IPSO Designed by PressBOFThe Media Standards Trust’s analysis of the latest press industry scheme for self-regulation, IPSO, should be enough to sink it forever. It shows beyond doubt that, far from delivering the kinds of changes demanded in the Leveson Report, as its authors claim it does, IPSO is another poorly-contrived confidence trick by the big newspaper companies.*

Leveson was clear: to protect the public and to prevent the press from slipping back into the culture of abuse and cover-up he exposed in his inquiry, a new self-regulator must be demonstrably independent and effective. The analysis by the Media Standards Trust is just as clear: if it ever came into existence, IPSO would be neither independent nor effective.Indeed, so numerous and so flagrant are the failings of IPSO (it satisfies only 12 of the 38 relevant Leveson recommendations), that it might be better named WOOPSO.

Perhaps the most vivid failing is one that relates to the ability of ordinary people to gain justice after they have been libelled by newspapers.Although Leveson recommended that a self-regulator should offer a cheap, quick arbitration service in cases where members of the public believed their legal rights had been breached, IPSO could only ever deliver a semblance of arbitration. If it happened at all it would be only after some years, and then it would be so circumscribed as to be useless to the public.Notably, newspapers would be free, not only to decide whether to participate in the scheme, but also to choose on a case-by-case basis whether to employ arbitration – which means, as the Trust points out:

‘From the perspective of the public this effectively removes the option of arbitration except when it suits the publisher. A publisher could, for example, see that a member of the public was not wealthy, then decide not to offer arbitration in the knowledge that the person simply could not afford to go to court.’

It is clear that those behind IPSO do not believe that members of the public should have access to justice when they suffer serious wrong at the hands of newspapers.In similar vein, when it comes to breaches of the industry’s own standards  code, those behind IPSO are determined to duck Leveson’s recommendations and maintain the discredited approach of the old Press Complaints Commission (PCC).The judge left no doubt: high among the PCC’s faults was its strong preference for ‘mediating’ complaints – fudging the outcomes with laboriously-negotiated ‘resolutions’ rather than making clear adjudications.  This made it far too easy for newspapers to wear down complainants by obfuscation and it also allowed the PCC to conceal standards code breaches rather than put them on the public record.If you want to see how unfair and unsatisfactory this approach is, read this, which also shows that despite the damning criticisms of the Leveson Report, the PCC continues to do this today.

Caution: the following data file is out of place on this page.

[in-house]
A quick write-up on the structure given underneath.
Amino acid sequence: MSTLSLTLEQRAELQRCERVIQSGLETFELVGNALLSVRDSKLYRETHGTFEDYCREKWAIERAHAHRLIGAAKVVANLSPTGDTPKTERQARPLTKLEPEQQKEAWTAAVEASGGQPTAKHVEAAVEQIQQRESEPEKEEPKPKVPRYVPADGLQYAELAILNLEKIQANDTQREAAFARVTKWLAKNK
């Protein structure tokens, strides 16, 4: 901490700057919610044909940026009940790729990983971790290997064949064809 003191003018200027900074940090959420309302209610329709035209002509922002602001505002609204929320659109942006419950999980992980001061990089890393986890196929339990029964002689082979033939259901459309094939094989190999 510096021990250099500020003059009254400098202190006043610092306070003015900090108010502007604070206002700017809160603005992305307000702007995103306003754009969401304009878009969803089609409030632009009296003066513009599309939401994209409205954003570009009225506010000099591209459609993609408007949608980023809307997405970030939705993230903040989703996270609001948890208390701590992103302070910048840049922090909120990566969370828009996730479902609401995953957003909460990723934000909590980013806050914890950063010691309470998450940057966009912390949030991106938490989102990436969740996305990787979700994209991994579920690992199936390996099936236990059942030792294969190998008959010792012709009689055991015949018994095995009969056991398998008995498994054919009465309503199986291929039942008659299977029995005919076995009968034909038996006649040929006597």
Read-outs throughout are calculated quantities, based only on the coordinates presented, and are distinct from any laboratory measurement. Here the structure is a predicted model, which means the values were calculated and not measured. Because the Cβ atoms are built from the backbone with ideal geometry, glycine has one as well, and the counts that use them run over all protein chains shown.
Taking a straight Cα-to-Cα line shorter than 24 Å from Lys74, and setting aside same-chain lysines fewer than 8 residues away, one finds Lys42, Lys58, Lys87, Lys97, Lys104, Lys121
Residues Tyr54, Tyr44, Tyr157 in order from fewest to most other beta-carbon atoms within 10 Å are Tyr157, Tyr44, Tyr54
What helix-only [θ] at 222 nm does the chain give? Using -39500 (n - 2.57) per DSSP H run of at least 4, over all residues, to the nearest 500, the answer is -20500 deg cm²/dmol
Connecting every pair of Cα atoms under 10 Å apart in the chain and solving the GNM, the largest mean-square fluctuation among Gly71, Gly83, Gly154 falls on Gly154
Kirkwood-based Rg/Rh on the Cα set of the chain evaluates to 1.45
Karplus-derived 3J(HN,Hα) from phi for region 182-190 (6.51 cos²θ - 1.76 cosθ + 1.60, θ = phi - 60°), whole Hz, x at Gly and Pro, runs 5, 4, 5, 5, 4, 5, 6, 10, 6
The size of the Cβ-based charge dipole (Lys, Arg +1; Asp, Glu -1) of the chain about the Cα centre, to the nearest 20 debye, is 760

As the Media Standards Trust analysis shows, the complaints system proposed in the IPSO scheme ‘mirrors the existing complaints service’.  So, ignoring Leveson, IPSO’s authors want more fudging and more ‘resolutions’ that obscure rather than expose standards code breaches. And just in case the public have not found the PCC system hard enough to work with, IPSO will introduce new opportunities for newspapers to intervene to frustrate the complaints process, but no role for the complainant to protest.

You might ask whether it matters if a standards code breach is publicly recorded, so long as there is a resolution for the complainant. Read this and you will see why it is vital: it shows that the Daily Mail breached a single clause of the standards code nine times in a year and the PCC took no action to ensure the paper mended its ways. As a result, grieving families will continue to suffer unjustified press intrusion.We will mention here only one more among the many other aspects of IPSO that fall short of what the public now expects.As you may have noticed, the newspapers that are most supportive of IPSO also claim to be greatly concerned that press self-regulation should be free of political influence. Hacked Off shares that concern, and that is something the Royal Charter will deliver but IPSO would not.

Under IPSO, as the Media Standards Trust points out, members of the House of Lords who take a party whip would be eligible to run the self-regulator, to be members of its board and to serve on its complaints committee.

This means that jobs would be open for people like Lord Hunt, the current chair of the PCC. Lord Hunt is a former Conservative cabinet minister who still routinely supports his party in votes in the House of Lords. Jobs would also be open for Lord (Guy) Black, another working Tory peer and a former Conservative party media chief. He currently runs PressBoF and he used to be director of the PCC.

If press self-regulation is to be seen to be free from political influence, men such as these, whatever their other virtues might be, cannot be allowed to direct or participate in it. They are politicians.

And given the excessively close relationship between politicians and the press that was exposed at the Leveson Inquiry, you might think that a supposed champion of press freedom such as the Daily Telegraph would be at the forefront of demands that the likes of Lord Black be kept at several arms’ length. But then Lord Black is executive director of Telegraph Media Group.

*The director of the Media Standards Trust, Martin Moore, was a founder of Hacked Off.

Brian Cathcart is Executive Director of Hacked Off